Reflecting back on the piece that I have just read, I can only think of the extremity of desperation that the two authors were going through to make them feel the way that they did: that suicide would possibly be better than living in a “white man’s world”. If these powerful documents were not enough to let people come to the realization of how bad African-Americans had it (and still do to a degree) then I do not know what could possibly be more convincing. I cannot stop thinking about the atrocities that the woman in the first writing was calling upon to spite the whites in which had caused her so much pain. Though seemingly extreme, I can clearly recall an instance in history where tactics such as these denouncements and curses actually worked. In Egypt, Mosses did the same thing in order to lead his people (the Jewish slaves) out of bondage so that they could find their own land in which to dwell freely. The curses, though wishing pain and suffering upon their offenders, were not unlike the ten plagues that Moses called upon the Egyptians, the last of the ten being the death of the youngest son of all the families. It was then that the Jewish people were given the permission to leave Egypt in search of a new life. These documents remind me much of that because, like the Jews, these blacks are searching for their freedom in a white world in which it does not exist. They feel as if their last resort and the one that will finally bring about results in these denouncements and prayers to God.
The second document alludes to a statement that I remember from the movie The Matrix. The author states that it is the whit mans goal not only to dominate the country, but the planet and universe as well. In the movie, one of the men stated that the human race (and in this case, the white race) are like viruses, they multiply and then move on to consume every natural resource in an area until it is time to move on once again and multiply and then the cycle of destruction continues on.
In Our Time Reader Response
In Our Time Reader Response
“In the early morning on the lake sitting in the stern of the boat with his father rowing, he felt quite sure that he would never die” (19).
The first four readings of In Our Time seem to be primarily focused on the life/death relationship that life presents. After reading the first story, I have to be perfectly honest in saying that I do not believe that I understood all of the underlining themes, but did start to focus more intently when the story describes the women on the pier with the dead babies. Automatically, this imagery made me think of the response passage from this set of reading. Denying oneself that death exists and that it, ultimately, a part of everyone’s life seemed to be a common philosophic element that both of the stories possessed. Just as Nick reassured himself that the inevitable would never to him, the women on the pier with their six-day-dead (!) babies that “wouldn’t give them up”. I think that the connection to Hemingway’s life in these elements possibly show or admit the Lost Generation’s tendency to deny to themselves that they were susceptible to harm and death. An example of this is the character in Jack Kerouac’s novel On the Road tended to lead a free and reckless lifestyle of drugs, partying, and freedom that seemed to have no limits or consequences.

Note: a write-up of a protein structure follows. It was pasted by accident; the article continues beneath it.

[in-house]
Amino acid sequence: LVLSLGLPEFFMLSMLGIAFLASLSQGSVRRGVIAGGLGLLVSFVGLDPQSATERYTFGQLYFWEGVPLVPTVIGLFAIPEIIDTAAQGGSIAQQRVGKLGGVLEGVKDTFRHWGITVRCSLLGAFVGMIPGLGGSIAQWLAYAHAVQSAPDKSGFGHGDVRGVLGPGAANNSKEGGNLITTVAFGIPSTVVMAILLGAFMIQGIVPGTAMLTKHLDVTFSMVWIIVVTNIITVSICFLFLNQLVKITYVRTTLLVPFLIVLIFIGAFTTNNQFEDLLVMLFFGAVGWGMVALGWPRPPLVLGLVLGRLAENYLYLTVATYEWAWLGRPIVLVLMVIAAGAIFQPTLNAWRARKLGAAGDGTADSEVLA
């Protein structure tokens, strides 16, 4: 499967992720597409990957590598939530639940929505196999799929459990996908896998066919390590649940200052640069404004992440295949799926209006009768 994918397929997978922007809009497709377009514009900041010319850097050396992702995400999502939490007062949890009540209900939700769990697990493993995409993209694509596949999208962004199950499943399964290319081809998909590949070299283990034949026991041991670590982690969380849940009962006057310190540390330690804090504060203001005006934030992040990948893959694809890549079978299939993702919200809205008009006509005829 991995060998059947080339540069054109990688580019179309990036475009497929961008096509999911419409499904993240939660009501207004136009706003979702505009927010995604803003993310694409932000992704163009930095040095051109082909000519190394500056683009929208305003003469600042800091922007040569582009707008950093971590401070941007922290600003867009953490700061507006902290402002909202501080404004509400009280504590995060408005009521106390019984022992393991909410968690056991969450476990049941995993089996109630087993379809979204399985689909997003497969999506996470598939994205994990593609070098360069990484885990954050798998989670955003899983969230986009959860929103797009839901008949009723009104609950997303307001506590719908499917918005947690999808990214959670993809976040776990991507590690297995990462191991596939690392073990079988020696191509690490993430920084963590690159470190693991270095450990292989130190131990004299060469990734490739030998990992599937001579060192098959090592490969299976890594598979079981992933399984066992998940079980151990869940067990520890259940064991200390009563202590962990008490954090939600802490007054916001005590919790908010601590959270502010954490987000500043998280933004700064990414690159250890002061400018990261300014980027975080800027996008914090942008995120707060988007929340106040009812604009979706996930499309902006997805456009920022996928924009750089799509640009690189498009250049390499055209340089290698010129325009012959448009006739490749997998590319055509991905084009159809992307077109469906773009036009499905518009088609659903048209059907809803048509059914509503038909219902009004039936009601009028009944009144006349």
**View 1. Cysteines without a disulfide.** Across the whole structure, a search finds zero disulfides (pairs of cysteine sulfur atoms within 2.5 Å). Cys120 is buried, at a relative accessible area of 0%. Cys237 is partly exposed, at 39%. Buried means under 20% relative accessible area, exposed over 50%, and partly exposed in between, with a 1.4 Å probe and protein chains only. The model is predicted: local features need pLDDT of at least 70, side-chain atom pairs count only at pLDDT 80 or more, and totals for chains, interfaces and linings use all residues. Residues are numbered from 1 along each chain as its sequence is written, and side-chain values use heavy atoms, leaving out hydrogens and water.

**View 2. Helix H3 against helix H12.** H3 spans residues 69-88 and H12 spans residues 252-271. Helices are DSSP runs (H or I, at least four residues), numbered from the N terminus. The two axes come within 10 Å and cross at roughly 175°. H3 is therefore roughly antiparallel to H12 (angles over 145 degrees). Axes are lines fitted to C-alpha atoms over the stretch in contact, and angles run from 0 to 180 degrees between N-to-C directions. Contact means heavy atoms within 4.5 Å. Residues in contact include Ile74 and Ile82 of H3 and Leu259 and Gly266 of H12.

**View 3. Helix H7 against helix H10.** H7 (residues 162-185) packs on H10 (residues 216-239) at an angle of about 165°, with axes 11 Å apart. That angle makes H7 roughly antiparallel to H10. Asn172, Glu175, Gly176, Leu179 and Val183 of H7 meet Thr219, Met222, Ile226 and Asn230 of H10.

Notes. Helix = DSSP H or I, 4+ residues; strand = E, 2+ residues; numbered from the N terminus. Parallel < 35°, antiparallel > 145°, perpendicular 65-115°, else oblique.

Another example of the life/death relationship that seems to be exemplified in the first four pieces of Hemingway’s novel is the conflicts that arise during Indian Camp. Rather than Nick expressing the sole fact that he believes he is not going to die, I believe that, because of his father, he misunderstood the concept of dying. I believe that the passage that stated, “he felt quite sure that he would never die” was essentially a reaction to the pregnant woman’s husband’s suicide. Because that was the topic that arose during the story, I believe that Nick interpreted the situation that “death” was equal to “suicide” and, in believing that he would never commit suicide, ultimately believes that he will, thus, never die. I also believe that there is significance in the way in which Nick’s father spoke to him while performing the C-section on the woman. He said something along the lines of “you can watch this or not” meaning that, even I Nick didn’t watch his father perform the surgery, it was still taking place and, thus, just a part or fact of life.